Homes.com is excited to announce that activity in the nation’s housing market continues to increase, indicating that we are well on the road to recovery from the housing bubble burst. Unfortunately, national mortgage rates are increasing as well. According to the latest Freddie Mac Primary Mortgage Market Survey (PMMS), mortgage rates are moving back up near their highs of the year. Furthermore, 30 year fixed mortgage rates are now only one basis point lower than the highest point this year which is 4.58%.
What’s causing this increase? In recent weeks there has been a strong economic recovery and as we mentioned before, better news from housing and manufacturing sectors of the market. On the other hand, rate increases are expected to remain static in the upcoming days as news of weaker than expected employment was released. Additionally, the market has seen continued instability as investors are anticipating the Fed to taper their bond purchase programs that have played a role in keeping these rates down.
Here are some highlights from the Freddie Mac report:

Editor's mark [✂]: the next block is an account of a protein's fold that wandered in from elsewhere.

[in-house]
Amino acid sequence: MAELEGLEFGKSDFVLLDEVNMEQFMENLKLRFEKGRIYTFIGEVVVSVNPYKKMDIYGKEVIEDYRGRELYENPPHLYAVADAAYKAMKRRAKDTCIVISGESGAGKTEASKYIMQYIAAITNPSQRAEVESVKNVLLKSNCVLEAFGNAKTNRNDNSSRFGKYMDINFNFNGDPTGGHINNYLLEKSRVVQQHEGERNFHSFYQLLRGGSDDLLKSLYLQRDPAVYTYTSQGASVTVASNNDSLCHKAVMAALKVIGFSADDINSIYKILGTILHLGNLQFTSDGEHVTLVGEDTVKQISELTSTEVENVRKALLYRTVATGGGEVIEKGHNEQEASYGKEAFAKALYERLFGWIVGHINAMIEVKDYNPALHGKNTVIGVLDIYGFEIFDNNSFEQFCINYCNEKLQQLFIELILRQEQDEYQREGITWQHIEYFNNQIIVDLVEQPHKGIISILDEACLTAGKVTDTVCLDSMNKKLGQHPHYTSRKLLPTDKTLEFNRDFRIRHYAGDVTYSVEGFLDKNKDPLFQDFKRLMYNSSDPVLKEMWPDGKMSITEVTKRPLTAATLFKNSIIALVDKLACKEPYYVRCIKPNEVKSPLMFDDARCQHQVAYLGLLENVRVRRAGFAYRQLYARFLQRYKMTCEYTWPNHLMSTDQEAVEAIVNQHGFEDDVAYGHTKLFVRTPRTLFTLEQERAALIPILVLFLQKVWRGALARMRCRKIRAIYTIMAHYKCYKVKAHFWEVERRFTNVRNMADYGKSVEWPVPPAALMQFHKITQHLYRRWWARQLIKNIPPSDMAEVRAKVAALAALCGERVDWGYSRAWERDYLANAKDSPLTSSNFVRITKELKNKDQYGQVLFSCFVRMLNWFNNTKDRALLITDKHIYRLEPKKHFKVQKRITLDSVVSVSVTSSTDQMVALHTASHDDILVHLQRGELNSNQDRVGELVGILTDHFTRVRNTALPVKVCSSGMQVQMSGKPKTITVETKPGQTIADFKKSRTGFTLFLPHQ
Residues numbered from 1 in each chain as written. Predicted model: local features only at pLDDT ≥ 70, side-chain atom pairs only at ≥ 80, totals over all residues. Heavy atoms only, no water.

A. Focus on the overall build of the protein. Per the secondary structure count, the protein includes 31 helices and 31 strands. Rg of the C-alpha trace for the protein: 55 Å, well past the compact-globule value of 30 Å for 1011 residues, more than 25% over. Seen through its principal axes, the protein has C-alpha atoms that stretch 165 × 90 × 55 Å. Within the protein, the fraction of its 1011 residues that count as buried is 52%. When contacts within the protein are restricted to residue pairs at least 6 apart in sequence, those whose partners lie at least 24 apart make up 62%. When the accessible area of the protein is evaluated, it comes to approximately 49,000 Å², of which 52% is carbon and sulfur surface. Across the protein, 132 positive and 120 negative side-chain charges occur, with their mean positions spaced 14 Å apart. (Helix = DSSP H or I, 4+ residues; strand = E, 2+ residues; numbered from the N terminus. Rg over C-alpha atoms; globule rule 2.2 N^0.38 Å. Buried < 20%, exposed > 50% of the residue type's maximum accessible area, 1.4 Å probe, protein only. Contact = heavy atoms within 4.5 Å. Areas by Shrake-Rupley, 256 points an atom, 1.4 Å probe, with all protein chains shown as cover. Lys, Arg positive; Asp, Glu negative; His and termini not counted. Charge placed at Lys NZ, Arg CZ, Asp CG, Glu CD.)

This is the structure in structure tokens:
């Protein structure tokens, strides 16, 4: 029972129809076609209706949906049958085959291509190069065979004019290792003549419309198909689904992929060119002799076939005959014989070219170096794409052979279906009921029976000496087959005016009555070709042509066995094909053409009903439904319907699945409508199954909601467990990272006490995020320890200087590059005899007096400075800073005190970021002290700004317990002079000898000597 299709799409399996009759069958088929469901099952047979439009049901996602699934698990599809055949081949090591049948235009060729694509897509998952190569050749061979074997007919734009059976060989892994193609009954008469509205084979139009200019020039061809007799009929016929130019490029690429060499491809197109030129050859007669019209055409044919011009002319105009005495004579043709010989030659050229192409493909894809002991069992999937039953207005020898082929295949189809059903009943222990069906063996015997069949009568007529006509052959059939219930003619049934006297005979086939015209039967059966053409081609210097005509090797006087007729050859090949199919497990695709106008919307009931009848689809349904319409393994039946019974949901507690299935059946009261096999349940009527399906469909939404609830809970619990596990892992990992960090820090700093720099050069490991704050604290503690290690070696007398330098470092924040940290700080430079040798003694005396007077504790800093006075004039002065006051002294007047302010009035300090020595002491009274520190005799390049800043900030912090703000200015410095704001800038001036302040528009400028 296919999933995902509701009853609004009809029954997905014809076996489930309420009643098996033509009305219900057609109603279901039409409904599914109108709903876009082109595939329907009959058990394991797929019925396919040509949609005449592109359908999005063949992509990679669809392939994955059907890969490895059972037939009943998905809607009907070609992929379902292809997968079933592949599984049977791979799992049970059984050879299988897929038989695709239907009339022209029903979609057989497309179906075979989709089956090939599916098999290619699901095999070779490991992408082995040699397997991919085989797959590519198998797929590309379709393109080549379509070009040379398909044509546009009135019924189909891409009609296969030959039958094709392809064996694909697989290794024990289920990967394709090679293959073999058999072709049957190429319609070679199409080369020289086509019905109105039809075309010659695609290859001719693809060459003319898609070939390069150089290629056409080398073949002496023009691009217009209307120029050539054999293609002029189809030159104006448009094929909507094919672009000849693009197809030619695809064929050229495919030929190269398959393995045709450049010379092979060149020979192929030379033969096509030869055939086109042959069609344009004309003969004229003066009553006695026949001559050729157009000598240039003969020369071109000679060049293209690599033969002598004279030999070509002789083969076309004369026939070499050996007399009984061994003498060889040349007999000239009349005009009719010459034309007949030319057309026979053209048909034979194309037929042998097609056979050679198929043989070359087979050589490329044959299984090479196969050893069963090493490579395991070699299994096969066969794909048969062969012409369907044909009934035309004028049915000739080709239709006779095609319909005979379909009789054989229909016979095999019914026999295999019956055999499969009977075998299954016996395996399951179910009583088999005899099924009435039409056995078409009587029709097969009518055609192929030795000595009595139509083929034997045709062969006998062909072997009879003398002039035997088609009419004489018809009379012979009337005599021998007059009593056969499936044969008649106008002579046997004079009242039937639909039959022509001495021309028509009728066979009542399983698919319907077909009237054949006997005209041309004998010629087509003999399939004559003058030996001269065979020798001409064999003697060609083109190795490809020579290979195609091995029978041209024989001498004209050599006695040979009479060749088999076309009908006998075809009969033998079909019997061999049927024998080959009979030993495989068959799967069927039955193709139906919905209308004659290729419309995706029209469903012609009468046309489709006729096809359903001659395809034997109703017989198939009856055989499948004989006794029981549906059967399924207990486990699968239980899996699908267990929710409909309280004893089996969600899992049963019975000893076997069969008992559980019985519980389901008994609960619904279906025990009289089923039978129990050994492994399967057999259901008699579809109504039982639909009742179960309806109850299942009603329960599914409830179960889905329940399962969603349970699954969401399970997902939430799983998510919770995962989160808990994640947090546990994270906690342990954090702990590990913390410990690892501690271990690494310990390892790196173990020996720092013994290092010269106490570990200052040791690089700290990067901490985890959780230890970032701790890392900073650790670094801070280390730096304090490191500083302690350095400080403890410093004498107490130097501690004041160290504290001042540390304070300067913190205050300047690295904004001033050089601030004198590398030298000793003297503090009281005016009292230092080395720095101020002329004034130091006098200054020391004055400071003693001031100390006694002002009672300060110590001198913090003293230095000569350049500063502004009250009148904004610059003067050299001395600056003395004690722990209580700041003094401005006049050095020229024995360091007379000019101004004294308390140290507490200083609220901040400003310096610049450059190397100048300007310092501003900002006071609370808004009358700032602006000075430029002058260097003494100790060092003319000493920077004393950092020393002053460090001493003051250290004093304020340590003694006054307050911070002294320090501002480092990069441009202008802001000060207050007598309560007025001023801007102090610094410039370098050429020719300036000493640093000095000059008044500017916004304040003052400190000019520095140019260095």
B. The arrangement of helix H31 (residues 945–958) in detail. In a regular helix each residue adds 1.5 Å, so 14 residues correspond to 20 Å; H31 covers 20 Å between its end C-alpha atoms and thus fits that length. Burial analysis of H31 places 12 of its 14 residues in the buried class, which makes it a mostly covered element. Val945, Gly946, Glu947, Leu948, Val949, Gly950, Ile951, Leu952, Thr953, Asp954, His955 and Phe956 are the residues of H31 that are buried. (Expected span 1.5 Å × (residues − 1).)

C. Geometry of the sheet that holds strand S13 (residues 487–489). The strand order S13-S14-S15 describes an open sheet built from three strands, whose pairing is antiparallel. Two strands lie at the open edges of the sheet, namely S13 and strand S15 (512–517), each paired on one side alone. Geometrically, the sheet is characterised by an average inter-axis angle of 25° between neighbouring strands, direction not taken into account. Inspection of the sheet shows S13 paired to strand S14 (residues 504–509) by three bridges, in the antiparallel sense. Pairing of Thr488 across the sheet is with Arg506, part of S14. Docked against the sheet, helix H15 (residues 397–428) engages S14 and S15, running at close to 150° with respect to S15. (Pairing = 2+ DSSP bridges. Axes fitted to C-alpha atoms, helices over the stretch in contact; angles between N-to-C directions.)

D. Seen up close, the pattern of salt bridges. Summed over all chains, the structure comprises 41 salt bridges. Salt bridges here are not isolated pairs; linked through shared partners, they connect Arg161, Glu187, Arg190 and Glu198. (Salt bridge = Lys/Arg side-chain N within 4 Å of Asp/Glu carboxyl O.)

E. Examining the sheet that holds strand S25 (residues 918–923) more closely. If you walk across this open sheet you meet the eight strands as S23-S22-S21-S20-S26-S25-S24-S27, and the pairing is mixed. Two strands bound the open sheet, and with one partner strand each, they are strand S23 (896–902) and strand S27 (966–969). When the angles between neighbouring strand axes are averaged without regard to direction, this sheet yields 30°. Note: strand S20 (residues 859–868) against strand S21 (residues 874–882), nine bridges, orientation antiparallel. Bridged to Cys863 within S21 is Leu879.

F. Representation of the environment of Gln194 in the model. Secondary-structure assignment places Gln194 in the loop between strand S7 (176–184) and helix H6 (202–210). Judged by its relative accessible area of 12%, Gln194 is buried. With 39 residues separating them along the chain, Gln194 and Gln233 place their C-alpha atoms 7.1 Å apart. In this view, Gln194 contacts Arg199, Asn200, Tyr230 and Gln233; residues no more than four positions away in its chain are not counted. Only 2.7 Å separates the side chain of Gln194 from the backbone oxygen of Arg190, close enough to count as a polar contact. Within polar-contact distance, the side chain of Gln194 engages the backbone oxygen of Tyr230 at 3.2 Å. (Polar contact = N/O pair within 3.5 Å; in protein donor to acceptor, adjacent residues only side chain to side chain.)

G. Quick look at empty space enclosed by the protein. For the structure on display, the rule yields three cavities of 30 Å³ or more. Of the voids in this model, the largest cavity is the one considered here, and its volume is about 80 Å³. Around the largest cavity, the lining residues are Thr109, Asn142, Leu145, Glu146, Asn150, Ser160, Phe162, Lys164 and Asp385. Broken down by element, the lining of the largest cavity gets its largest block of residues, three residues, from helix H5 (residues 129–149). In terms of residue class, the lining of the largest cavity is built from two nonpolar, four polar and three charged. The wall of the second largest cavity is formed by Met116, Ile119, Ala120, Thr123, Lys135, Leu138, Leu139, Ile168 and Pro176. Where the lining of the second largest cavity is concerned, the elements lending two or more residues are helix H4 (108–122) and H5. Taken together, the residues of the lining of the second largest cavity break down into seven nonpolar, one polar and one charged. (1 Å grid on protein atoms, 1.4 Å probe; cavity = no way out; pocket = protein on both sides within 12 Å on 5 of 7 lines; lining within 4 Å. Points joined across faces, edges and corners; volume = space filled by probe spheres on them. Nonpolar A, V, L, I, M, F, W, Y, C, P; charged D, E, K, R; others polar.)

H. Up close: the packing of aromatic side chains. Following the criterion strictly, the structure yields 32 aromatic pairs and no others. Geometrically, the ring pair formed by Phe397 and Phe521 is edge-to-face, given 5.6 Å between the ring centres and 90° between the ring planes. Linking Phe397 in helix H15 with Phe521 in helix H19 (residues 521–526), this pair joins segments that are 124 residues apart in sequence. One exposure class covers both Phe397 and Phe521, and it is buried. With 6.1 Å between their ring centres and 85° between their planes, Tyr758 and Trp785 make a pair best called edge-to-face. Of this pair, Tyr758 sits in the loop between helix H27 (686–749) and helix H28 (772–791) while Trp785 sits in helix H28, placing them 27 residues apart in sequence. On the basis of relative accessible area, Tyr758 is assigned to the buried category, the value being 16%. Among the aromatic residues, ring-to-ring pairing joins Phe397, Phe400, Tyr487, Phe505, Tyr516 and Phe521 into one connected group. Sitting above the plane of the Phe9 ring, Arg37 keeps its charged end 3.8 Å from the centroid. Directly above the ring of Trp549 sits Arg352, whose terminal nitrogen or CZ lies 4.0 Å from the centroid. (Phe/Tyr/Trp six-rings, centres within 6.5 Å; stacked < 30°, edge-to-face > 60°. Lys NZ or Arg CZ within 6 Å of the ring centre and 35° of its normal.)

- 1-year ARM averaged 2.71 percent this week with an average 0.5 point, up from last week when it averaged 2.64 percent. At this time last year, the 1-year ARM averaged 2.61 percent.
- 15-year FRM this week averaged 3.59 percent with an average 0.7 point, up from last week when it averaged 3.54 percent. A year ago at this time, the 15-year FRM averaged 2.86 percent.
- 30-year fixed-rate mortgage (FRM) averaged 4.57 percent with an average 0.7 point for the week ending September 5, 2013, up from last week when it averaged 4.51 percent. A year ago at this time, the 30-year FRM averaged 3.55 percent.
- 5-year adjustable-rate mortgage (ARM) averaged 3.28 percent this week with an average 0.5 point, up from last week when it averaged 3.24 percent. A year ago, the 5-year ARM averaged 2.75 percent.
If your clients are considering refinancing or buying a new home, you may want to advise them that it’s not a good time to play the market. Keep a lookout on market conditions in the upcoming days or weeks, it would be beneficial for your clients to move on a rate when the market improves.
Are you seeing interest decline due to rising rates? Tell us about your area’s conditions by commenting below or share with us on Facebook. For even more mortgage related news like this, check out all the articles from Homes.com featured author Shashank Shekhar. Furthermore, try out the Homes.com Mortgage Calculator to see how further increases may affect you.